Steven: Yep, that was the basic strategy there. Eventually though, your opponent did switch to Little Mac. By that point, you had switched to Kirby, so what’s that matchup kind of like?

Jesus: Well, it was completely-it was a wait game, to be honest. Because if I had approached him in the middle of the stage, he would have definitely gotten me. Little Mac here, he’s easy to get in the corner of stages here, just because his recovery’s also really bad, his Up+B, and his side+B. From there on, it’s just a patience game with him. Because, you really need to just try your best to avoid his smash moves, because they’re all just strong. It worked out pretty good. It was just very, very intense.

Steven: It’s an interesting match up there. Well, this is the fourth, if you count the 3DS and Wii U versions together, fourth entry in the series. It’s almost certain, although nothing’s officially announced, that there will be a 5th generation Smash. What would you like to see in a new iteration?

Jesus: First of all, a good controller. Continue to have the GameCube controller as the controller for the mechanics, because the WiiPad is not the greatest, the Wiimote is not the greatest. The 3DS isn’t so bad as a controller, but it’s just a bit strange, just because people are used to this mechanic going on with Smash and so on.

Steven: It is interesting how that controller that was originally designed for games like Luigi’s Mansion and Pikmin and stuff like that has sort of lived on as the default Smash controller, especially for competitive players. Alright, well thank you very much, Jesus. This has been Steven Reich from Geek.Kon 2016.

Transcript by

Thursday, August 25, 2016

Preview: Geek.Kon 2016

I recently had an opportunity to talk to Adam Pulver, public relations representative for Madison-area convention Geek.Kon.  He was able to fill me in on some of the details of this year’s event, which runs from Friday the 26th to Sunday the 28th.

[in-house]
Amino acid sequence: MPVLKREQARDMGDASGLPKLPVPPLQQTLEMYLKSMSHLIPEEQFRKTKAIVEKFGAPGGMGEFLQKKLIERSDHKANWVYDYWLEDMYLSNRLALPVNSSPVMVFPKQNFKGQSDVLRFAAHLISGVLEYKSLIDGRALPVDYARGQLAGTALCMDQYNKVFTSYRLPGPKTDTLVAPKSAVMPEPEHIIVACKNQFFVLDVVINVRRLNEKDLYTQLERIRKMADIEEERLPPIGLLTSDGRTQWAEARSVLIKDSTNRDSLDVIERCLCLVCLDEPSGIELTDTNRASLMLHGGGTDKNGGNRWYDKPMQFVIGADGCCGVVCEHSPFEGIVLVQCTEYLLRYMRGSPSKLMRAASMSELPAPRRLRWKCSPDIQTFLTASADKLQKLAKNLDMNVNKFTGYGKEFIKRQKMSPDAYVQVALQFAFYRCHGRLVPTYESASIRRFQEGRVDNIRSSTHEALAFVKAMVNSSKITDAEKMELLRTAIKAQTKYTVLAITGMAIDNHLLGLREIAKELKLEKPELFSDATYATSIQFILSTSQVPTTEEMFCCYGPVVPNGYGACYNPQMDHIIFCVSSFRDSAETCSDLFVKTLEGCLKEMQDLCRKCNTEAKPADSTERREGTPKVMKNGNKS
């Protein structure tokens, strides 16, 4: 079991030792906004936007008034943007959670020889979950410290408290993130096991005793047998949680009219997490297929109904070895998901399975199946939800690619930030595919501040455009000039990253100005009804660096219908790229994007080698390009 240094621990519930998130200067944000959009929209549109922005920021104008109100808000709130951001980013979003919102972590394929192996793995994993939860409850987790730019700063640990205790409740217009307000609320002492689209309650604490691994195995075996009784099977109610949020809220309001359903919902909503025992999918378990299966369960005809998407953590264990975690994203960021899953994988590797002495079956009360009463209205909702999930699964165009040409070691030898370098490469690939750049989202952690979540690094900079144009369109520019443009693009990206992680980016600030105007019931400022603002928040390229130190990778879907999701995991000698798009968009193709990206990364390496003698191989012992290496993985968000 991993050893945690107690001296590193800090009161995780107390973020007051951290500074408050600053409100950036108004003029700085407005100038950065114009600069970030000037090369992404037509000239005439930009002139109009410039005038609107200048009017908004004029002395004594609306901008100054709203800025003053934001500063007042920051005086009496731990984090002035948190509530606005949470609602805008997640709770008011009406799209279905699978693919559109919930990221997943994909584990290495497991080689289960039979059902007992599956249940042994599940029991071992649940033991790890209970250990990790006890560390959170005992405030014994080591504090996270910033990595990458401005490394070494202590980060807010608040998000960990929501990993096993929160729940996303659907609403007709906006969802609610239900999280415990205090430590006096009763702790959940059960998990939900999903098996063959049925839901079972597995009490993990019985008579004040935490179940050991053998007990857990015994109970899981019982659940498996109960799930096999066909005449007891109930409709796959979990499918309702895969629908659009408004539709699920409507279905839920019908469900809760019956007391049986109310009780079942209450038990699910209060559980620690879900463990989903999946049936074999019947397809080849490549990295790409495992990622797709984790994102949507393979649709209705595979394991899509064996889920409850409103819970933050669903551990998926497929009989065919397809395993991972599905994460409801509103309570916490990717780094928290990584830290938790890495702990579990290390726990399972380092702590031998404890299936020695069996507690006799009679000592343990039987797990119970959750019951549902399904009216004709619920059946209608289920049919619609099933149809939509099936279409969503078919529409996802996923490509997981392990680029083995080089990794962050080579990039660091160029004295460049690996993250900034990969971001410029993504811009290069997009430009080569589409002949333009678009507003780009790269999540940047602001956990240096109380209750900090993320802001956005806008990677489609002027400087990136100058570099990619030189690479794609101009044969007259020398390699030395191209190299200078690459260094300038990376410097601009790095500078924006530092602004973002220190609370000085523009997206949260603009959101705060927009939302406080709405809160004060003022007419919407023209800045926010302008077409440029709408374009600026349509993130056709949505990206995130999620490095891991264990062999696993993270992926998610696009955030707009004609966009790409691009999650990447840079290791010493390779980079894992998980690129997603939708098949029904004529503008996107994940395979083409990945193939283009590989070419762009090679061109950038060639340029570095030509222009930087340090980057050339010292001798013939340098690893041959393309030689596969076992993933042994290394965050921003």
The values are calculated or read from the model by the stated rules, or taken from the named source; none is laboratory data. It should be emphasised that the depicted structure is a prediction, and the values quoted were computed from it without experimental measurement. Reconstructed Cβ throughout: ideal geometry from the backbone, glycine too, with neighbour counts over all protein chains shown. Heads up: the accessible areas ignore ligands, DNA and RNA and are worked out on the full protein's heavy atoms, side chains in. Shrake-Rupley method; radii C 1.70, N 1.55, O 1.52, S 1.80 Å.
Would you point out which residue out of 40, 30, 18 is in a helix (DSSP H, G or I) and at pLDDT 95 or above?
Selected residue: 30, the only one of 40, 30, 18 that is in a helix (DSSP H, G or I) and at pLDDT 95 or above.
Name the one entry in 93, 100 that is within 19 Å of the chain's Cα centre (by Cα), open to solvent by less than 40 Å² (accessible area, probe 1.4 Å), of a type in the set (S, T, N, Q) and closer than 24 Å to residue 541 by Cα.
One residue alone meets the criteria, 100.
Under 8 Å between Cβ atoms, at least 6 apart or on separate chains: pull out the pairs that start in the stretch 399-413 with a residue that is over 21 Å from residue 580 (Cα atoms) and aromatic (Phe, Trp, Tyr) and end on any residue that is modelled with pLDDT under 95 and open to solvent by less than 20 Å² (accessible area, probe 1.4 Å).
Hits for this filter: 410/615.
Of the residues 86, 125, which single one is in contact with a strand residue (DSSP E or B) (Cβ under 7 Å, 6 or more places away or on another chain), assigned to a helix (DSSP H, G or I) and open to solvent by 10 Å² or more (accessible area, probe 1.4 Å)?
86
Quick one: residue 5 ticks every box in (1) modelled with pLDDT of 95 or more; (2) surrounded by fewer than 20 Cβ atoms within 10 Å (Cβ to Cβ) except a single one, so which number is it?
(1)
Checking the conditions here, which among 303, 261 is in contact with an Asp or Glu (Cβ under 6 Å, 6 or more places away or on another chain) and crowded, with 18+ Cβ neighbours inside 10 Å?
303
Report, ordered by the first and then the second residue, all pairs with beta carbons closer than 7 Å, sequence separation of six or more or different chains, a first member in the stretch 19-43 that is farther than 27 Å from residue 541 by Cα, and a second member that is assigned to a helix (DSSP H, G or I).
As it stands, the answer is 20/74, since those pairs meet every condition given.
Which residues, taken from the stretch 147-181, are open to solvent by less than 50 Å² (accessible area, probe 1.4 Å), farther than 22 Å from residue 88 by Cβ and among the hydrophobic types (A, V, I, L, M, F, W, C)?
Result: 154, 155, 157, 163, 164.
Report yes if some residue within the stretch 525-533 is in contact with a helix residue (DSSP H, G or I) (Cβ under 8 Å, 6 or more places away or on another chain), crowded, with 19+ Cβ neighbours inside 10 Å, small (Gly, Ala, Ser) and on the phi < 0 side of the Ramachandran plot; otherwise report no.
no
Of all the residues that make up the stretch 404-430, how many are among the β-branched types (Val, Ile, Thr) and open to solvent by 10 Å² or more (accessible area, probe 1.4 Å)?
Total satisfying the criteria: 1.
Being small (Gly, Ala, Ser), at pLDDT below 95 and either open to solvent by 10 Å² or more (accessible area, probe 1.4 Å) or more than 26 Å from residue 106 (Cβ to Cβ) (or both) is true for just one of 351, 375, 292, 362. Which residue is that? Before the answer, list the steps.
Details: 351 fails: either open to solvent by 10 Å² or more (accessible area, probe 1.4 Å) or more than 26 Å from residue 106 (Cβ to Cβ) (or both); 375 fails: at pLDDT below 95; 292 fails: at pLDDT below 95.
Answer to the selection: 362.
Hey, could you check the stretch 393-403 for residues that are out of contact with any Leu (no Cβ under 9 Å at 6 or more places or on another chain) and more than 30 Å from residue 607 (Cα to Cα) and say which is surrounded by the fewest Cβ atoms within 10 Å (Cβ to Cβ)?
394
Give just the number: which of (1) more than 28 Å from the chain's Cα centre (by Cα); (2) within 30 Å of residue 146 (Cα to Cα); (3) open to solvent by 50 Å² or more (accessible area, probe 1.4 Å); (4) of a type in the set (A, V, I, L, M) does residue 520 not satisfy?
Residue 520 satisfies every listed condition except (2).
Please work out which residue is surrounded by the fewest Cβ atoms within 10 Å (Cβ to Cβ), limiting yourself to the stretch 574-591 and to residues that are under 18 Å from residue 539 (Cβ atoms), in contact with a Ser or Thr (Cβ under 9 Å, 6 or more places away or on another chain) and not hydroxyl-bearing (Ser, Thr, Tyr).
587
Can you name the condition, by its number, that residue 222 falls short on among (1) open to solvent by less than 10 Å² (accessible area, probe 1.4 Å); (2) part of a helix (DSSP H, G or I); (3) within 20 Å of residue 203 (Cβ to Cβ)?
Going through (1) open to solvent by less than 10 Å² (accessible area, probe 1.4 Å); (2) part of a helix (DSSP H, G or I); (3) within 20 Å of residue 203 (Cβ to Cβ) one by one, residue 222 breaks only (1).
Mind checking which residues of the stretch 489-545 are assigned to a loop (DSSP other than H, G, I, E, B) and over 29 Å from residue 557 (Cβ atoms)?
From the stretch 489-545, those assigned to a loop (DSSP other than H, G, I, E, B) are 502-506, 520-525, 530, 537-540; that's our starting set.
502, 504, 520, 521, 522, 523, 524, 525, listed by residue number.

How did Geek.Kon get started?
Geek.Kon was started ten years ago by some University of Wisconsin students. After two free two-day conventions on campus, we moved off-site to a hotel, expanded to three days, and promptly outgrew the space in one year. We've been at the Marriott ever since.

Who are some of this year's guests?
This year's featured guest is Jason Carter, best known as Ranger Marcus Cole on Babylon 5. We also have voice actors Jerry Jewell, Christina Kelly, and Ryan Reynolds, author John Jackson Miller, and a number of great local guests including writers, game designers and other industry professionals.

This year there's a Pokémon Go panel, and a Pokkén Tournament competition. When are those?
The Pokémon Go panel is Saturday at noon, and the Pokkén Tournament event is Sunday at noon.

If someone came in a Pokémon-related costume, is there a meetup for that as well?
Yes, we're dedicating a special room for people to take cosplay photos and have suggested a number of photoshoot times. Pokémon’s shoot is Friday night at 8:00.

Where can people find more information about the convention?
We encourage people to visit our website  and download our online schedule

Wednesday, August 24, 2016

WTPT-2.B.A. Master-Part 2 (Double Trouble + PokeRap)

In the second part of our review of the 2.B.A. Master album, we focus on the Team Rocket "Double Trouble" song, and the original PokeRap:

Special thanks to Jowy Romano for permission to upload this audio.

Monday, August 15, 2016

Tuesday, August 09, 2016

WTPT-2.B.A. Master-Part 1 (News + Album Overview)

Back in 2008 I recorded an episode of the WTPT podcast discussing the 2.B.A. Master album. In the first part, we discuss some of the details regarding the release of Pokemon Platinum in Japan, then talk a bit about the production of the CD.

Special thanks to Jowy Romano for permission to upload this audio.

Saturday, July 30, 2016

Pokémon TCG Steam Siege Prerelease: Madison, WI

Glen Ausse
The following is an interview with Glen Ausse, who participated (along with his son) at a recent Pokémon TCG Steam Siege Prerelease in Madison, WI.

Where are you from?

We’re from the Madison area.

How did you and your son get into Pokémon?

My son was introduced to Pokémon cards while attending camp last summer. A number of the kids were bringing the cards to camp and trading them and playing a simplified version of the game. He was really interested in the colorful cards and the social aspect of the game. That meant of course that he needed some cards for him to join in the fun, so we bought him a few tins to start off his collection.